Intro: How to Make a Pro Quality Glow Plug Lead Wire for Your Flame Shooter or Rc Car
a quick way to make a professional looking lead wire to attach to a glow plug. replaces the butt splice on Kipkay's design, or your rc car's damaged lead wire.
for those making the fireball shooter, keep reading at the end for a little bit of inside glow plug information.
Step 1: First Things First
first of all, thank you very much to MAKE magazine (http://www.makezine.com/) and Kipkay (https://www.instructables.com/member/Kipkay/) for the original versions of the flame shooter instructable.
i am not redoing Kipkay's instructable, but merely taking the open-source horse by the reigns and going to town. i've got a quick upgrade and some information that might help with glow plugs. hope you enjoy.
now go get this stuff:
some stiff bus wire (around 22g)
some hookup wire (whatever gauge you want)
a small bolt slightly smaller than your glow plug's lead
heat shrink tubing
Step 2: Wind Your Coil
pull about two inches of the bus wire out without cutting it off. begin winding it tightly around the bolt as shown in the pictures. once it is approximately 1/8" to 3/16" you can remove the bolt. if you've done this correctly, it will be too tight to simply pull it off. grab a screwdriver or whatever is applicable and unscrew it. this is a good thing. if your coil doesn't hold tightly, you need stiffer wire.
if you are making a lead wire for your rc car, continue the coil until you have about a 3/4" coil.
Step 3: Cut the Cord
take a nice sharp pair of snips and cut off the umbilical cord to the mother coil. do it at a nice angle toward the coil so as to leave no sharp corners and cut in a spot that is contiguous with the coil. we don't want anything sticking out.
for an rc car lead wire, just snip the coil at both ends in the same fashion. make sure you remove the screw before you snip the wires. skip step 4
Step 4: Let's Get Physical!
let's bend and clip and bend and clip and bend and. . . sorry. i was lost in an old jazzercise nightmare.
bend the wire back toward the coil to make a small loop. then clip it off right over the center of the coil. see pictures. it's really easy.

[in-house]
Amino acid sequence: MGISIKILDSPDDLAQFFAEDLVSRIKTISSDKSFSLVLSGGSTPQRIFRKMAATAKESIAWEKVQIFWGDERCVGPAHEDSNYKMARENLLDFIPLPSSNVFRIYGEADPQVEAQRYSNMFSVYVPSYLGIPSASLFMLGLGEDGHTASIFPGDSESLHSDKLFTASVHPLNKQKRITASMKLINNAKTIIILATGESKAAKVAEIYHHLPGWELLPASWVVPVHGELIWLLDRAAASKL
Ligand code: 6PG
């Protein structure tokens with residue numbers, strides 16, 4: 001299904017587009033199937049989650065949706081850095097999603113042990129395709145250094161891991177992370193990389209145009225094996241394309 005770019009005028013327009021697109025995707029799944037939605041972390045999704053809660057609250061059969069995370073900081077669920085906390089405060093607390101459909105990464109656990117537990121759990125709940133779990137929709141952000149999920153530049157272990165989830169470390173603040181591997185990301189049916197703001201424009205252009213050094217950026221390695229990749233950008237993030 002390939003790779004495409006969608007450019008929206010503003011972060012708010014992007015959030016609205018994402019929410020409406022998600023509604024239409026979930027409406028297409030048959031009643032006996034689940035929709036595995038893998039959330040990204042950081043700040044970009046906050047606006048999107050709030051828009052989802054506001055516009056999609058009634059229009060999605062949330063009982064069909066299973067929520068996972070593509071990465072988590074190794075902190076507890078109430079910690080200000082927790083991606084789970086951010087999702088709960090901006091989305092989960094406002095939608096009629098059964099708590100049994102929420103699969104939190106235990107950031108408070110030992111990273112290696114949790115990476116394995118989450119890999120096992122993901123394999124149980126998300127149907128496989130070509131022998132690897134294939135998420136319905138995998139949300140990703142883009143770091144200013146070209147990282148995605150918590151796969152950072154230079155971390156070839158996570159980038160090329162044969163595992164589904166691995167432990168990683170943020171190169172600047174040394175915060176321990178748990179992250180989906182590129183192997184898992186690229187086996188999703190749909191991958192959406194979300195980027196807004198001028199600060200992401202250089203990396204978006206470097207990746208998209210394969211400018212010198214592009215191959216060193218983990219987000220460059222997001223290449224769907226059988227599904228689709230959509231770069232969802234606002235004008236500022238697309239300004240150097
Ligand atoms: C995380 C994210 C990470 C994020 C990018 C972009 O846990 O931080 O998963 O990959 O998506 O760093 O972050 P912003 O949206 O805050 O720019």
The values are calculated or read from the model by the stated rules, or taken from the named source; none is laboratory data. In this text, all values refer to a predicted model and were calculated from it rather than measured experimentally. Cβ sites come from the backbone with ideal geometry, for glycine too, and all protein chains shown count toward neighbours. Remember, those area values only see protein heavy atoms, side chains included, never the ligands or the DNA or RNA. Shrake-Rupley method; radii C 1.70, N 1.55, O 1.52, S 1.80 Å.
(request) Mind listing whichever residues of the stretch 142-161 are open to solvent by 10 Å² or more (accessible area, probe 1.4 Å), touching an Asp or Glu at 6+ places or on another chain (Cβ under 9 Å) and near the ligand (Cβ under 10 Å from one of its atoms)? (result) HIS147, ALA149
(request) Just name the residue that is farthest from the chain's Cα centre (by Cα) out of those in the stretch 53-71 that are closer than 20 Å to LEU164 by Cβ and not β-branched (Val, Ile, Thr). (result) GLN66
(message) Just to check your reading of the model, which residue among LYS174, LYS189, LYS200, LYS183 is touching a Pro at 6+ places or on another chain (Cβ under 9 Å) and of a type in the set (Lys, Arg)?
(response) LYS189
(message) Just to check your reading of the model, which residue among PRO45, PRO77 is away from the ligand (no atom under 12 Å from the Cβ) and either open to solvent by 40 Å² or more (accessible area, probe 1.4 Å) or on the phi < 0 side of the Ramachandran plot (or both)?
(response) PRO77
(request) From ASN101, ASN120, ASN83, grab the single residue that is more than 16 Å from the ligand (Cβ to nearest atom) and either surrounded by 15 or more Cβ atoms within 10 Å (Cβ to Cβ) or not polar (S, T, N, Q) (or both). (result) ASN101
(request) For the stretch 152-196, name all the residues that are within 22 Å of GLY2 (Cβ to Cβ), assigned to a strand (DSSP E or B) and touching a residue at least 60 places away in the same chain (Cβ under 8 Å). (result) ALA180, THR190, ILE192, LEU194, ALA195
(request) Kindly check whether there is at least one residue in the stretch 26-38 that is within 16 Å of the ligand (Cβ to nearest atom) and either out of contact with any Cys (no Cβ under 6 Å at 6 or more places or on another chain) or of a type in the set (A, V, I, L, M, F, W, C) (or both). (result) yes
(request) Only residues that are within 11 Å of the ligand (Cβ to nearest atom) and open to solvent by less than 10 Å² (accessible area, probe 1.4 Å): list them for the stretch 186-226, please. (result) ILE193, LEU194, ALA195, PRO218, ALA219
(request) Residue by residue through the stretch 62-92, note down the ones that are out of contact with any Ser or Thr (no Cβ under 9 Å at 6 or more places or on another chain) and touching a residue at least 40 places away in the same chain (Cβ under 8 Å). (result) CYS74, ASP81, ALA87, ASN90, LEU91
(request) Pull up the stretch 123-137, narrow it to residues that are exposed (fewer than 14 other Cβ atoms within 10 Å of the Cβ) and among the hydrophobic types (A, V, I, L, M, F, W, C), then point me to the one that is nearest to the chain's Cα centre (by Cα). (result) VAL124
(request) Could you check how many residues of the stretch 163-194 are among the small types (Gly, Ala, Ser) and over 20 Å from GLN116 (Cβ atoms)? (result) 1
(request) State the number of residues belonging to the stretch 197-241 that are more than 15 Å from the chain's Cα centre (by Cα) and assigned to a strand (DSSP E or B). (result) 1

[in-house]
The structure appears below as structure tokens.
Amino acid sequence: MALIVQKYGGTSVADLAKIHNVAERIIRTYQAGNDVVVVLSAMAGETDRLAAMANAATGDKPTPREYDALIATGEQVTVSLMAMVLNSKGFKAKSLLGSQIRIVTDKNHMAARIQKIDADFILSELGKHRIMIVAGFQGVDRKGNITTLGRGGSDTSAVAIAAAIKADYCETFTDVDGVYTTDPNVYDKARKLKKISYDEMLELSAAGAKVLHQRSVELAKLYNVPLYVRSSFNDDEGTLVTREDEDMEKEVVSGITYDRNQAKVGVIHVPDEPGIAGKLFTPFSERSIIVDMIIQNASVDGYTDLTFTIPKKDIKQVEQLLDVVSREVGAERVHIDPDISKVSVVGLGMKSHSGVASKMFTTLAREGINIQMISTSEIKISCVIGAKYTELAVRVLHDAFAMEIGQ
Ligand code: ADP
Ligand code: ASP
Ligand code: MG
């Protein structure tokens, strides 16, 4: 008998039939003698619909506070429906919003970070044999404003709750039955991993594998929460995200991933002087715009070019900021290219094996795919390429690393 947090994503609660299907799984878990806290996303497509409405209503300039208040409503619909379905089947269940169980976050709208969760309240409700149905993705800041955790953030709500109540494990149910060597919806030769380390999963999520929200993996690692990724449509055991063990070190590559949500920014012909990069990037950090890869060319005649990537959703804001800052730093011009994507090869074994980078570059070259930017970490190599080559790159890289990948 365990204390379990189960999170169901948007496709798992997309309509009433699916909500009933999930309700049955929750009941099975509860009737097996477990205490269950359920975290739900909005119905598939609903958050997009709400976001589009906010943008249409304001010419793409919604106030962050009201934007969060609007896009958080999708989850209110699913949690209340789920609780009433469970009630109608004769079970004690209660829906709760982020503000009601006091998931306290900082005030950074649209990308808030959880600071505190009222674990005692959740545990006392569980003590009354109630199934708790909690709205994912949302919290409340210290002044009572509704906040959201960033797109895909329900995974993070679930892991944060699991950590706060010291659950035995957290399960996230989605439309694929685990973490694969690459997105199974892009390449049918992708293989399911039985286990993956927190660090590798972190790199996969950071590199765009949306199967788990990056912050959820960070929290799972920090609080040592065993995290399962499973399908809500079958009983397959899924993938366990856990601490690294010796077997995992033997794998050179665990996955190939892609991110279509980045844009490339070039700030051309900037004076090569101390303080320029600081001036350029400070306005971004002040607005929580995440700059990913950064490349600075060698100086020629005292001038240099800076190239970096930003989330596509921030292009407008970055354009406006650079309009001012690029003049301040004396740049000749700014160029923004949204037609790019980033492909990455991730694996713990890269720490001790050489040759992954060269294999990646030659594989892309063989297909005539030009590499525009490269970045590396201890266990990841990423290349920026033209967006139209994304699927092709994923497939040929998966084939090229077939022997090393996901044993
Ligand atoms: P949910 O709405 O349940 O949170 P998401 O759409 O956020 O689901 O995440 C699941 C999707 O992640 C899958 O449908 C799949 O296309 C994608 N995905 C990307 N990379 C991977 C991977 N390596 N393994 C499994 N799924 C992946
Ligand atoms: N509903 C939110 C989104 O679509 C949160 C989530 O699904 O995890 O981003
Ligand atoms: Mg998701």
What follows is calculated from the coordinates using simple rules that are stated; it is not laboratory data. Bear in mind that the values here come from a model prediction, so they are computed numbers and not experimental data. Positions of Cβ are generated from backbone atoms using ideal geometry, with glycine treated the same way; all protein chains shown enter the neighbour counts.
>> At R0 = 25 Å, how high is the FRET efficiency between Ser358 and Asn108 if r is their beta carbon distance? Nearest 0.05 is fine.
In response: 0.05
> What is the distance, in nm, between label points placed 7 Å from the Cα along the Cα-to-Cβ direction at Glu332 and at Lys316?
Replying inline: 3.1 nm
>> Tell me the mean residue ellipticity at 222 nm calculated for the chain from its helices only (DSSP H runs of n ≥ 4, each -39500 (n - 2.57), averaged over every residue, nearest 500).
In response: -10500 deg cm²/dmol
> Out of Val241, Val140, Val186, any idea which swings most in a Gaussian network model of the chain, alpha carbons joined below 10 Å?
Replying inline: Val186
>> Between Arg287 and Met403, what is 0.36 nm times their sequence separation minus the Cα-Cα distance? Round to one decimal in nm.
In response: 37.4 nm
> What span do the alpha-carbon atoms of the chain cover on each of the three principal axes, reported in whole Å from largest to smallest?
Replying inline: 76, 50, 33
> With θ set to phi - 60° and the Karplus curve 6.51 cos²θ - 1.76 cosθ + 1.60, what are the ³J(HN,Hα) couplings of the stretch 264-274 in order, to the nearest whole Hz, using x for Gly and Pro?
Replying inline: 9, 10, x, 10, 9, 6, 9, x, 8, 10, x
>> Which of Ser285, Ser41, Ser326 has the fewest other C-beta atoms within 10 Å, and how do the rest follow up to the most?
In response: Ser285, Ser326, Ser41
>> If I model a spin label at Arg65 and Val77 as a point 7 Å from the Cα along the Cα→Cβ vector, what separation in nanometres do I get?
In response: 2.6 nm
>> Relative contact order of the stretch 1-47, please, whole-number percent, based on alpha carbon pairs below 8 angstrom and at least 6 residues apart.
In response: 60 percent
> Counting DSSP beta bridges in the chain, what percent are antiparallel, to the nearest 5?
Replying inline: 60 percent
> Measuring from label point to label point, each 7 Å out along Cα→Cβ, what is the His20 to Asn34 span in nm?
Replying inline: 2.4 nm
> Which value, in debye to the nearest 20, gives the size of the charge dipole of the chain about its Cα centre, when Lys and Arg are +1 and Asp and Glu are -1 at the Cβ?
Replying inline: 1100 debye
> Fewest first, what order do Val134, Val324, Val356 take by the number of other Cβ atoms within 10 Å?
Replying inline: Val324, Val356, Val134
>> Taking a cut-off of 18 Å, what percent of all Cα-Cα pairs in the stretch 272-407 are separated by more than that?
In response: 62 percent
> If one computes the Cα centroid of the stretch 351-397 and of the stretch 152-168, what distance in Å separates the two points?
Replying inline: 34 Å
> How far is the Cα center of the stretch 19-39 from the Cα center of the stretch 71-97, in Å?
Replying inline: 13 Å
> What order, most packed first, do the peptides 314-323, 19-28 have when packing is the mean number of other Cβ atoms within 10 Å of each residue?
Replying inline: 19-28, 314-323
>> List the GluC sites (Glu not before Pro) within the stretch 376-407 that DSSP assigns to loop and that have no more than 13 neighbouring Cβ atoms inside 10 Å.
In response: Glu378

Step 5: Fun With Power Tools
okay, so a soldering iron might not count as a power tool, but hey, they take power to run, right?
anyway, power up the old iron and get ready to inhale some crazy fumes!
WARNING: USE ADEQUATE VENTILATION. THAT WAS A JOKE!
solder your hook-up wire to the loop you made in the bus wire. 'helping hands' are fantastic!
for rc cars, simply solder your wire to the inside of one end of your coil. sorry i have no pictures as of yet. they are forthcoming.
Step 6: Get Fancy
you can leave it at this and it would work. if you want it to look professional, though, you take it to the next level. and that means heat-shrink tubing!
cut a nice length appropriate to your situation and slip it on the wire end, away from the coil. it is easier to go this way than to try to go the other. you may have to bend the wires a bit to get the tubing over the coil, but once you get it in place you can bend it back.
for rc it's even easier. no need to worry about right angle turns. just slap on a piece of heat shrink and go to town.
Step 7: The Heat Is On
get crazy with your heat gun, soldering iron, hair dryer, lighter, or whatever you use to shrink heat-shrink and you are done. you should now have a pro quality lead wire to snap onto your glow plug.
(rc users may stop reading here. or read on, if you like, it's really cool stuff!)
it is also easily customizable to glow plugs of different sizes.
this can help out a lot if you don't have a magic or theater supply store nearby.
keep reading for some helpful hints.
Step 8: Glow Plug Tips
glow plugs don't last a long time. we'll need replacements from time to time. but not all glow plugs are created equal. and that's okay, it just means we have to adapt to what we can find. magic and theater supply stores are great but few and far between. hobby stores, however, are a bit more prevalent.
a friend of mine has a gas powered rc car that requires a glow plug. the same type we are using, just slightly different shape. see the pictures.
just use a different nut and make a slightly smaller lead wire with a smaller bolt and you're in business with plugs you don't have to order online. i can't help you with the flash paper/cotton, though. alas. . . any thoughts on that would be welcome.
hope this helps!